Lake Stevens Journal - Your hometown newspaper since 1960

 

By Pam Stevens
Managing Editor 

Could Jayme Biendl’s death been avoided?

 

February 7, 2011



Since the senseless murder of Corrections Officer Jayme Biendl on January 29, many are left wondering how this could have happened. Is there really just one correct answer?

Biendl, of Granite Falls, had been a corrections officer at the Monroe Correctional Facility since 2002 and had applied for the post in the chapel five years ago where she was seldom alone with inmates.

While budget cuts were the biggest issue when the killing was brought to the public’s attention, it is reported that the facility has only let go of one corrections officer. That officer worked in the kitchen area of the prison.

Assuming that staffing was the most pertinent issue in Biendl’s slaying is most likely incorrect.

Others have questioned why Biendl, among other officers, didn’t carry a gun? Honestly, that was the first question that popped into my mind.

I have since discovered that corrections officers are highly trained in fighting without weapons and the risk they run of an inmate, or inmates, overtaking them and getting hold of their weapons is high.

Officers are taught to talk inmates down when problems arise.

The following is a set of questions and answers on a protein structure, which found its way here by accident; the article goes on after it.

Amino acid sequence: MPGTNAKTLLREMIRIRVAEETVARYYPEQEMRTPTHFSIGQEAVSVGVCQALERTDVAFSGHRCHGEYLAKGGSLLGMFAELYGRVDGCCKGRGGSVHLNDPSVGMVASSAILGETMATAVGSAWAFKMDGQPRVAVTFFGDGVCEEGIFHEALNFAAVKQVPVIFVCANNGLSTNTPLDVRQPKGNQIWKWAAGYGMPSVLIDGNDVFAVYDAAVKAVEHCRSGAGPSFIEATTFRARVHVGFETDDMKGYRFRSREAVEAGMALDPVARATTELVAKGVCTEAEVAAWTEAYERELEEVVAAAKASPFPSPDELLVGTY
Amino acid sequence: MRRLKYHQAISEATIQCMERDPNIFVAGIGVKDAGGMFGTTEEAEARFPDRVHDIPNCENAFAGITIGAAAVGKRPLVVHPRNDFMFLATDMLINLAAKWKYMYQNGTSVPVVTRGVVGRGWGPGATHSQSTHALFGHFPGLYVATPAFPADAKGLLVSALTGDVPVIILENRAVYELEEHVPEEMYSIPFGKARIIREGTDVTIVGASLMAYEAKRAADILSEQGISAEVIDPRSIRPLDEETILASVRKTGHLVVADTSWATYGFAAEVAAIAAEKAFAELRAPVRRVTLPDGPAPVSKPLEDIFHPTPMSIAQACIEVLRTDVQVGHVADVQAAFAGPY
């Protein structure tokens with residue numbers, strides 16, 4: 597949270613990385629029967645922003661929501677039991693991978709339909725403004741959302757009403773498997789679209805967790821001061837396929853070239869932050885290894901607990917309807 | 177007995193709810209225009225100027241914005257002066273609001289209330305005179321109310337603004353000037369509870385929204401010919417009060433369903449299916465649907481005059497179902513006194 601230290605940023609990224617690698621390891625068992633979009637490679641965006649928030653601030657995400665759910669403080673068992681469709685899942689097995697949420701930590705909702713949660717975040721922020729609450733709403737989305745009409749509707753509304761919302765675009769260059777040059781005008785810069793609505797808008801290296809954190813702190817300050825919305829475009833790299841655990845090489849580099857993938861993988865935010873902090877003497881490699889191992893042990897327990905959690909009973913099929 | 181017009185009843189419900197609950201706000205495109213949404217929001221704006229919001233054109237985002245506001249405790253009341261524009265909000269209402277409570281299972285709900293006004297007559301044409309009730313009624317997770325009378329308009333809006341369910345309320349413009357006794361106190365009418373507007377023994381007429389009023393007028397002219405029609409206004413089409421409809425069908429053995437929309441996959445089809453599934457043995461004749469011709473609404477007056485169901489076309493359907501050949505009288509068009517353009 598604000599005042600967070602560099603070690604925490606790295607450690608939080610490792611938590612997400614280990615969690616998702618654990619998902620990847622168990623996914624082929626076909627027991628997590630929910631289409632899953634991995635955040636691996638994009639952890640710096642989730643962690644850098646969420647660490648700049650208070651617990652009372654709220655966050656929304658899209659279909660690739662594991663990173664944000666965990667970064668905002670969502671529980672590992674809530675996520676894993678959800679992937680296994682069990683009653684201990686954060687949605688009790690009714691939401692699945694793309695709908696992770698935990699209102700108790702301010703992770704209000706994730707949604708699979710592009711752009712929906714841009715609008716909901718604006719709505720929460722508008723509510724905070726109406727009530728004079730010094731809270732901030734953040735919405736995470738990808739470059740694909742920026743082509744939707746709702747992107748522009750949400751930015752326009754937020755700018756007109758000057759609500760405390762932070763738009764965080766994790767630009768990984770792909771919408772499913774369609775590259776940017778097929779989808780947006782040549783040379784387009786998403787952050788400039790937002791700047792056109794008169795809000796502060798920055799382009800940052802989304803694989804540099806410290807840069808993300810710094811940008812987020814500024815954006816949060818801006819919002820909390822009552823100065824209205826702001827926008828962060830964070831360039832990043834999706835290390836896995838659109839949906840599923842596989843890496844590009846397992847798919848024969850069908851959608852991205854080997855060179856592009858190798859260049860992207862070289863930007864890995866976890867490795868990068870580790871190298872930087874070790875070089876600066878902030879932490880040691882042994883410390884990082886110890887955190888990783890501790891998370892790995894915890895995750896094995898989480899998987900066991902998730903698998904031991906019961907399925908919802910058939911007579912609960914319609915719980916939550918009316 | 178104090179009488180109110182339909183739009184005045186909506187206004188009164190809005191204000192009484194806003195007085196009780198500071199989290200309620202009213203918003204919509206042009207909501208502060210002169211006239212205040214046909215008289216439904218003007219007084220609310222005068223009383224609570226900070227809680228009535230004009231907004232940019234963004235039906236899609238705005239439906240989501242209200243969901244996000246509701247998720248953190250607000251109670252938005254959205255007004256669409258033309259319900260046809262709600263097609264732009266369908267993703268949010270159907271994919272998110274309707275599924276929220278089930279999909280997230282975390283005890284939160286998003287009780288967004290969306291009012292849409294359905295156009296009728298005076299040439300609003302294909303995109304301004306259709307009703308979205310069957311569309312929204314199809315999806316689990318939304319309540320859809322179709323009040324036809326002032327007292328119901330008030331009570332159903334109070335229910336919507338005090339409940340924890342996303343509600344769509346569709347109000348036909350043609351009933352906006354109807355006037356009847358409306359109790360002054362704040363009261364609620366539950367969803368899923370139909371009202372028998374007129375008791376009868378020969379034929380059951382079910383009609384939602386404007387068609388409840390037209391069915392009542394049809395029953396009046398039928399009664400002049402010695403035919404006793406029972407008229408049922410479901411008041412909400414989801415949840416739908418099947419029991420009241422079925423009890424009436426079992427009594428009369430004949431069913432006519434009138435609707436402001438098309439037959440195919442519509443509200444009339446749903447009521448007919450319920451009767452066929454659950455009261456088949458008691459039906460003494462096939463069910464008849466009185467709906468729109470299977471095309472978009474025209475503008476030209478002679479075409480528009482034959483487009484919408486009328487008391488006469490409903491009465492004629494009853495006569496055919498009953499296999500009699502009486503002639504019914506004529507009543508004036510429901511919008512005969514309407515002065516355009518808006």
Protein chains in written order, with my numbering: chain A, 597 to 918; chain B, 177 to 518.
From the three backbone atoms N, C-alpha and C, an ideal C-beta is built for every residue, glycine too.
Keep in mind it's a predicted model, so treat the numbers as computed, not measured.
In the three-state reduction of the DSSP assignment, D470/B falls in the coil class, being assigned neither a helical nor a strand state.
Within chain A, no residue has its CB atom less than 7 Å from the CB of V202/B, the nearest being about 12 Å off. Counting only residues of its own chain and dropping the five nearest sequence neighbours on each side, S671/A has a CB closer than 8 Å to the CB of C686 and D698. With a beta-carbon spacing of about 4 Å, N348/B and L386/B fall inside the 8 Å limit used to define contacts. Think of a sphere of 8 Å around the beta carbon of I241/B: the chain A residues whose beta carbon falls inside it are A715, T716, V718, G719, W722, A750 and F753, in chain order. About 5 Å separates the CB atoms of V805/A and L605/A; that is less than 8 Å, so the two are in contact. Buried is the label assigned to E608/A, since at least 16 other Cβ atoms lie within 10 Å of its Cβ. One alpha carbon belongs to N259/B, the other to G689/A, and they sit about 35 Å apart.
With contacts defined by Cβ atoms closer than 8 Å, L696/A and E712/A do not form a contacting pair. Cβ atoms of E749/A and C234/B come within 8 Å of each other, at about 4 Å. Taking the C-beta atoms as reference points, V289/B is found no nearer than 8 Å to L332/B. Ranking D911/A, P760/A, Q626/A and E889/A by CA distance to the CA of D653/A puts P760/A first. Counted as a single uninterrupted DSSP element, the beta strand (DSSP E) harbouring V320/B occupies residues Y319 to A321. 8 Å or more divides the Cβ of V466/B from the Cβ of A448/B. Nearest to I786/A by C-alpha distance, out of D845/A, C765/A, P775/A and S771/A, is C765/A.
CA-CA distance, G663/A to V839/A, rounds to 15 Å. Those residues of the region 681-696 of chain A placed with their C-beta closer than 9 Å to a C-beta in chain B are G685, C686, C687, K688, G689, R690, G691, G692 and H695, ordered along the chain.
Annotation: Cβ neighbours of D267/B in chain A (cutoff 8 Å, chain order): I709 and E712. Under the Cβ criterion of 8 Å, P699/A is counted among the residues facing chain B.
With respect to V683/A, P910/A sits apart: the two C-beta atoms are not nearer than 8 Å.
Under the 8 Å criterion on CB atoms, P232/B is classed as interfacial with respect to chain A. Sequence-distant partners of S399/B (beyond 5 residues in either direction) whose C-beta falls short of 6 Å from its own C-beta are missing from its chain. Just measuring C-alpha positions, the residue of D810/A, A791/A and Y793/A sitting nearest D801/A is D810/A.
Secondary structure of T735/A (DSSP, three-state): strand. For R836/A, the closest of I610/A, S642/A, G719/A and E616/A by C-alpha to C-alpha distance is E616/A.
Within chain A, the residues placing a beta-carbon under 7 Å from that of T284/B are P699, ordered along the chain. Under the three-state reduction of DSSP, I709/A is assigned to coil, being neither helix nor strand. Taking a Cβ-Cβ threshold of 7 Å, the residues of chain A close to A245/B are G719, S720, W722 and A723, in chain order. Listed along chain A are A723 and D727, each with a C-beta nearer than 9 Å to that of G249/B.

Another suggestion is that Scherf, the inmate suspected of murdering Biendl, should have been in permanent lockup and should not have been allowed to wander the prison at will.

This may be the most obvious blunder that may come to light during the investigation into Biendl’s death.

Scherf had many signs that his violent past was just that—a thing of the past. It had been over 10 years since his last incident and he was 52 years old. Old by violence standards.

However, he was convicted of three vicious attacks on women, all of which he planned out in advance. He allegedly was hiding under a table in the chapel where Biendl was assigned.

Could her death have been avoided? Most likely, yes and hopefully the several investigations taking place will give the answers we are looking for.

For now, Scherf, if convicted, could be given the death penalty and a family still mourns the loss of their loved one. If one thing can be learned from all of this, it’s that violent criminals, which Scherf was convicted of being on three different occasions, usually don’t change their behavior—no matter how long they have been locked up.

 

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